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Behavioural lessons to improve your financial success

The lessons in ‘The Psychology of Money’ that stood out to us at Overberg Asset Management.

I was introduced by a friend of mine, to a new investment and personal finance book called The Psychology of Money, written by Morgan Housel. I am very grateful for this introduction because it just happens to be one of the best investment and personal finance books I have ever read. The best part about it is the fact that the book is not overly complicated and is written in layman’s terms making it an easy and enjoyable read.

In the book, Housel shares various lessons about wealth, greed, and happiness. The core lesson of the book is about behaviour and how people’s wealth or how well they manage their money is not necessarily determined by how much they know (IQ or education) but by how they behave. For example, highly intelligent individuals unable to control their emotions can be financial disasters while ordinary individuals with no financial education can be wealthy if they adopt certain behavioural skills.

Below are some of the lessons in The Psychology of Money that stood out:

Never enough: Stop moving your goal post. Expectations rise with results but if expectations rise faster than results you will never be satisfied and keep on moving your financial goalpost. It is like a dog chasing its tail, it never ends. The capitalistic world we live in is great at creating wealth and envy. Wanting to surpass your peers may provide you with the motivation to work hard but life isn’t satisfying without a sense of enough. Happiness as they say is results minus expectation. Housel says “an insatiable desire for more – will push you to the point of regret”. Freedom, family, friends, being loved and happiness is invaluable and the best chance one has to keep these things is to know when to stop taking chances that might harm them. In other words, knowing when is enough financially.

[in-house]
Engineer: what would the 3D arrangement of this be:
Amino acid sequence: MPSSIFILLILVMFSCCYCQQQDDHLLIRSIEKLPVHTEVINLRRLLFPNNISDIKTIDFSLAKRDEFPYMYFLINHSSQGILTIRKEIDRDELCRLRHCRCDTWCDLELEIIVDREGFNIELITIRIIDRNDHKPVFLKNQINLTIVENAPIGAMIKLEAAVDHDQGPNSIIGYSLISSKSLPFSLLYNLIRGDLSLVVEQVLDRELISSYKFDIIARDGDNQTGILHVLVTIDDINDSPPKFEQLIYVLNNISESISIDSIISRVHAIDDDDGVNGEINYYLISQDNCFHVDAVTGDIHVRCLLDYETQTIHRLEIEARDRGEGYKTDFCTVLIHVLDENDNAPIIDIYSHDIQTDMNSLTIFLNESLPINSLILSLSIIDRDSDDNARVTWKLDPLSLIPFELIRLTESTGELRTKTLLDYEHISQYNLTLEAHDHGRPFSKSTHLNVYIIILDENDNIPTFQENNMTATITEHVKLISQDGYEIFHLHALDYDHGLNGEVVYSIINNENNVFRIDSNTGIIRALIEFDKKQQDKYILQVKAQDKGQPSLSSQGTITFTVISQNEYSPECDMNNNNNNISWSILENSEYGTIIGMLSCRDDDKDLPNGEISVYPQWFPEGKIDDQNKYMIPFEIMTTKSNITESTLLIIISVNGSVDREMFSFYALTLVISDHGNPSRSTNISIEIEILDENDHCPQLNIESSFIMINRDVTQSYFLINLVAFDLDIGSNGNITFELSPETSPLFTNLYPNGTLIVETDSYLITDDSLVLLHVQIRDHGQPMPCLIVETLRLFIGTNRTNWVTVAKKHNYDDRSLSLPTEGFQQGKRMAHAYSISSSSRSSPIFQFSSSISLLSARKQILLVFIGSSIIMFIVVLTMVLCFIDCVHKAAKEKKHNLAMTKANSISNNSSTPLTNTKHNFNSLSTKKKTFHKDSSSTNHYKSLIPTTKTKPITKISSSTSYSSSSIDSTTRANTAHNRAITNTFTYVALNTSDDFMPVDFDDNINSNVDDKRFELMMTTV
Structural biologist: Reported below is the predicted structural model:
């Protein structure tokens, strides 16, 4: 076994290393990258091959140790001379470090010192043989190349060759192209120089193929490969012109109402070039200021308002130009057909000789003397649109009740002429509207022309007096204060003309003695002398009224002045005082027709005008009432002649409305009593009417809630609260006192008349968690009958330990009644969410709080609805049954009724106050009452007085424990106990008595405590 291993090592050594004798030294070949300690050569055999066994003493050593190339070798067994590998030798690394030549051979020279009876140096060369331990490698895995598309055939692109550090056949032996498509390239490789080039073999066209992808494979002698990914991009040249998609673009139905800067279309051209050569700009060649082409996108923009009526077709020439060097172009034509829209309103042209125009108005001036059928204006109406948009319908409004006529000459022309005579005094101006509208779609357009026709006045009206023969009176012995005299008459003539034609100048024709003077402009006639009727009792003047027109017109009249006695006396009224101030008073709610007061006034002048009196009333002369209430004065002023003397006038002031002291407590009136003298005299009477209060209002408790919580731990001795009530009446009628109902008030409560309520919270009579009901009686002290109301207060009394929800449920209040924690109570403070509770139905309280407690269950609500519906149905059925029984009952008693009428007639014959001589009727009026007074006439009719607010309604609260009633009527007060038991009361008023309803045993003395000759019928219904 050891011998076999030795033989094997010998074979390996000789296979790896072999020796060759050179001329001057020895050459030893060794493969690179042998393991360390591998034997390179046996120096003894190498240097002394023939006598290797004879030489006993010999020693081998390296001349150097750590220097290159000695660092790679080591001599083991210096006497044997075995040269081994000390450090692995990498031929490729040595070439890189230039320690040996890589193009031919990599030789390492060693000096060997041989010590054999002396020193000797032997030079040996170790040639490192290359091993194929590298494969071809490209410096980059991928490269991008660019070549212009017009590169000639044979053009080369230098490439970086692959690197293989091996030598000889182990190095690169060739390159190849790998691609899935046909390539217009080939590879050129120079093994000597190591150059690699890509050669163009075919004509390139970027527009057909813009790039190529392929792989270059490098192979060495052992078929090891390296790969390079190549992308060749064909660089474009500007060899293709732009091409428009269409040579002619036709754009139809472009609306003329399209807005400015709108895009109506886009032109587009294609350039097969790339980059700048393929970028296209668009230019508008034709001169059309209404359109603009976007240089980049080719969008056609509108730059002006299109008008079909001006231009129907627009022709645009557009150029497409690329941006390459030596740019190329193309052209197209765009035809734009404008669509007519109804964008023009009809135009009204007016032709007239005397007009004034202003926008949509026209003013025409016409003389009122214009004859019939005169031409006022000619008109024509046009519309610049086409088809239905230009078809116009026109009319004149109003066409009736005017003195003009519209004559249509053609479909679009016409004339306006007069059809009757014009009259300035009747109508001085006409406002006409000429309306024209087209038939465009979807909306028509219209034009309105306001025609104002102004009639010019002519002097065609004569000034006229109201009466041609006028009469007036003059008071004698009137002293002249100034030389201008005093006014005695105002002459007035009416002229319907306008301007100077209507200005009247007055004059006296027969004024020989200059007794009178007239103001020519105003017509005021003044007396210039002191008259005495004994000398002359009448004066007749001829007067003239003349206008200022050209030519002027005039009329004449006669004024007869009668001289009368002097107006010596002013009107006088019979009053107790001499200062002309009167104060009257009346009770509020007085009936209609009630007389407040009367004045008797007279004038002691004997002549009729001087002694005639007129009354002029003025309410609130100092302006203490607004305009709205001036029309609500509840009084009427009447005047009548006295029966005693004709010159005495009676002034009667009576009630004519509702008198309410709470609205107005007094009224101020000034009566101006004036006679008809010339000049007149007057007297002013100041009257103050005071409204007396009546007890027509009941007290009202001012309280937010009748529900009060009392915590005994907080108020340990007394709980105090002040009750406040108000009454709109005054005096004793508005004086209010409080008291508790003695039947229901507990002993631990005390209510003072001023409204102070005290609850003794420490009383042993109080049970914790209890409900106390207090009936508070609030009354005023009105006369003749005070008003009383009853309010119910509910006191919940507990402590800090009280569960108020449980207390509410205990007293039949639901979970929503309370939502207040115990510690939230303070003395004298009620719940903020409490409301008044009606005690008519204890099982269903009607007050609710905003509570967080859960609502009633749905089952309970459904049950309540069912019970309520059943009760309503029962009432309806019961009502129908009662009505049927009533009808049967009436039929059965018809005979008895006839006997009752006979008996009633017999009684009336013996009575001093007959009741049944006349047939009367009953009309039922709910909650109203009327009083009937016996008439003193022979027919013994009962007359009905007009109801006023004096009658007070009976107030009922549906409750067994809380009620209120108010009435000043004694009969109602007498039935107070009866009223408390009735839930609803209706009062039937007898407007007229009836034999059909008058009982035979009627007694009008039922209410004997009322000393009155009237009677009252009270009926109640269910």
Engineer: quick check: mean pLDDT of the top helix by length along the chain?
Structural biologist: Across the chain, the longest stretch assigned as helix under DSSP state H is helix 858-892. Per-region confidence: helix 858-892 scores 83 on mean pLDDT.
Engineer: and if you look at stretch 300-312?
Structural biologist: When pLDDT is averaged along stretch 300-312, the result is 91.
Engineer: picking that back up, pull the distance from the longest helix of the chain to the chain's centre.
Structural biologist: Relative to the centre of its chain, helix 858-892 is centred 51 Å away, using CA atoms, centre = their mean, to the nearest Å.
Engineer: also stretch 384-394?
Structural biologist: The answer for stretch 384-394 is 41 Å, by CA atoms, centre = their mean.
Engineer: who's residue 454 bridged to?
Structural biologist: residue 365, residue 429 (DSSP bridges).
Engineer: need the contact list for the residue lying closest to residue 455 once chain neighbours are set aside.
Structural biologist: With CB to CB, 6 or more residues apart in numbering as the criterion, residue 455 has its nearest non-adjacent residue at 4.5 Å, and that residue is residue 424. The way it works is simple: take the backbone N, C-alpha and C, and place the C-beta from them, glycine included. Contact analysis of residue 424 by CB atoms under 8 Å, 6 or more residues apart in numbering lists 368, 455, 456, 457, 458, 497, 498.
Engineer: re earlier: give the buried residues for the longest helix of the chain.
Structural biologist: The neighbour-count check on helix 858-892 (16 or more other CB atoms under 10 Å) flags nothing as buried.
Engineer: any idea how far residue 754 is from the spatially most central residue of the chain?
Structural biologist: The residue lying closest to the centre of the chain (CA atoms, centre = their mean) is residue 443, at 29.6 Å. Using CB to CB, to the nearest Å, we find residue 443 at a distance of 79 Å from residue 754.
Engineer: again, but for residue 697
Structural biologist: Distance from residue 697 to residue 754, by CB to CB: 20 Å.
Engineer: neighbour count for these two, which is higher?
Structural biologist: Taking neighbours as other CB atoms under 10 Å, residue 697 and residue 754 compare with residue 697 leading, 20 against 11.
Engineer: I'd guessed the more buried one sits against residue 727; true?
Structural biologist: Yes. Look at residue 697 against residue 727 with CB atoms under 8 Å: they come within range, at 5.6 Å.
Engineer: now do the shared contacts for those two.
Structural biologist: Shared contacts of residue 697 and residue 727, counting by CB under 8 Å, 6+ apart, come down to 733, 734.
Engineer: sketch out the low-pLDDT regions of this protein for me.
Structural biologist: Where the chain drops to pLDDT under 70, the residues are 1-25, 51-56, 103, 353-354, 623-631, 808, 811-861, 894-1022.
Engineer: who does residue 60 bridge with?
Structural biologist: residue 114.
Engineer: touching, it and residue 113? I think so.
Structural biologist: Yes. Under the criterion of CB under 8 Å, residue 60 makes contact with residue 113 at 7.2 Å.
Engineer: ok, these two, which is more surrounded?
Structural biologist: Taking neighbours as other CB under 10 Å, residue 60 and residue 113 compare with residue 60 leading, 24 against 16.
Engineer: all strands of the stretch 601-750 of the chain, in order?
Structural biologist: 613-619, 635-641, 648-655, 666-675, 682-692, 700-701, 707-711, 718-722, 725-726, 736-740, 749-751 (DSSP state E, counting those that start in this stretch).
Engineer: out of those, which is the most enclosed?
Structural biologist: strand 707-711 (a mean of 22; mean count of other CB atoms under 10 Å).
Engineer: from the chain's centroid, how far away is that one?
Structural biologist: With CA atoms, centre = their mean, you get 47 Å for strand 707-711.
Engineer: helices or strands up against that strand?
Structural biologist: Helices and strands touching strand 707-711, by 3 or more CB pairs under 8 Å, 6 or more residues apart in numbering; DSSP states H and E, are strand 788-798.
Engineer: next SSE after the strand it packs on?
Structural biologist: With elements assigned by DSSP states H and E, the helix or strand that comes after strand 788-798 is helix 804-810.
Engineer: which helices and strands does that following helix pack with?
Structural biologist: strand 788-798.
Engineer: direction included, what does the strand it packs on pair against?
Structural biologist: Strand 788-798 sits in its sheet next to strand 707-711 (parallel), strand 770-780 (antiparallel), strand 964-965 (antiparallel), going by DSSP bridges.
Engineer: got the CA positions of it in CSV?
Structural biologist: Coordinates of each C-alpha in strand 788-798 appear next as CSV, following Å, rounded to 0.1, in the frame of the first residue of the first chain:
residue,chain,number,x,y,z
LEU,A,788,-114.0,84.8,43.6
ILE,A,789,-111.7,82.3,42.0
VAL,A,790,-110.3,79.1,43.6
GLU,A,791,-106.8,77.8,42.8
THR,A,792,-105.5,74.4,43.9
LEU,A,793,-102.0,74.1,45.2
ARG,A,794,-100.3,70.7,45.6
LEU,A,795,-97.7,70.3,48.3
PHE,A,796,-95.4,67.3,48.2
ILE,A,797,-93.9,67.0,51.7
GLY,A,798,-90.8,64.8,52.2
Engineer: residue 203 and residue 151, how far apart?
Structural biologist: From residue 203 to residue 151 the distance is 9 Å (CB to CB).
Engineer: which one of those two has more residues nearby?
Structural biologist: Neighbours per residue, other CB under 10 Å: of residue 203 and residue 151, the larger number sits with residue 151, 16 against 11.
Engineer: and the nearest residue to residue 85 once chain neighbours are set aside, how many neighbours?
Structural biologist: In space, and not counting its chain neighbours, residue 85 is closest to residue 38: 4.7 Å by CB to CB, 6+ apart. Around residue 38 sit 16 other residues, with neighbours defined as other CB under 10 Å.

Confounding and compounding: Many books have been written about the best investor in the world, Warren Buffet. But Buffet does not have the best return record of all time, that title belongs to Jim Simmons (66% compounded annual return). Nevertheless, Buffet is far wealthier. Why, because he has been investing successfully for over a very long period. Long enough for the magic of compounding to take place. Housel summarises it as follows: “Good investing isn’t necessarily about earning the highest returns, because the highest returns tend to be once-off hits that can’t be repeated. It is about earning pretty good returns that you can stick with, and which can be repeated for the longest period of time because that is when compounding runs wild”. Start investing early because time is the most important factor in investing. As Housel puts it, “Time makes little things grow big and big mistakes fade away”.

Tails you win: Tails drive everything. For people not familiar with the term, it refers to events in statistics with a low probability of happening i.e., outliers. These events are plotted in the tails when looking at probability distributions which means they are far from the average or expected outcome. The idea is similar to the 80/20 rule which means 80% of your returns come from 20% of the invested time. Your decisions as an investor most of the time will not have a significant impact on your investments, but what you do during the abnormal days – the 1% of the time or less – when the market around you is going crazy. Housel sums it up by saying the following, “A good definition of an investment genius is the man or woman who can do the average thing when all those around them are going crazy”. Tails drive everything which is why many things can go wrong in investing.

Freedom: Freedom in this context refers to the ability to control your own time. Housel mentions Angus Campbell, a psychologist in 1910 at the University of Michigan, who wrote that, “Having a strong sense of controlling one’s life is a more dependable predictor of positive feelings of well-being than any of the objective conditions of life we have considered”. In other words, doing what you want, when you want, and with whom you want is the broadest factor that makes people happy. More than their high-paying job, luxurious house, or fancy sports car. The biggest benefit that money has is the ability it gives you to control your own time. That is real freedom. “Using money to buy time and options has a lifestyle benefit few luxury goods can compete with”, notes Housel.

Save money: According to Housel, “Saving is the gap between your ego and your income, and wealth is what you don’t see”. Investment returns can make you rich, but often are uncertain and out of your control because of the market, economic and political factors. But saving is in your control and has a guaranteed chance of being as effective in the future as it is today. Wealth is the money that is left over after you have spent what you generated. You can save even though you might not have a high income, but you cannot build wealth if you do not save a lot.

Conclusion:

To summarise, in the world of money, financial outcomes are often driven by luck, independent of intelligence and effort, and two, financial success is not a hard science it’s a soft skill, and how you behave is more important than what you know.

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Werner Erasmus

Overberg Asset Management

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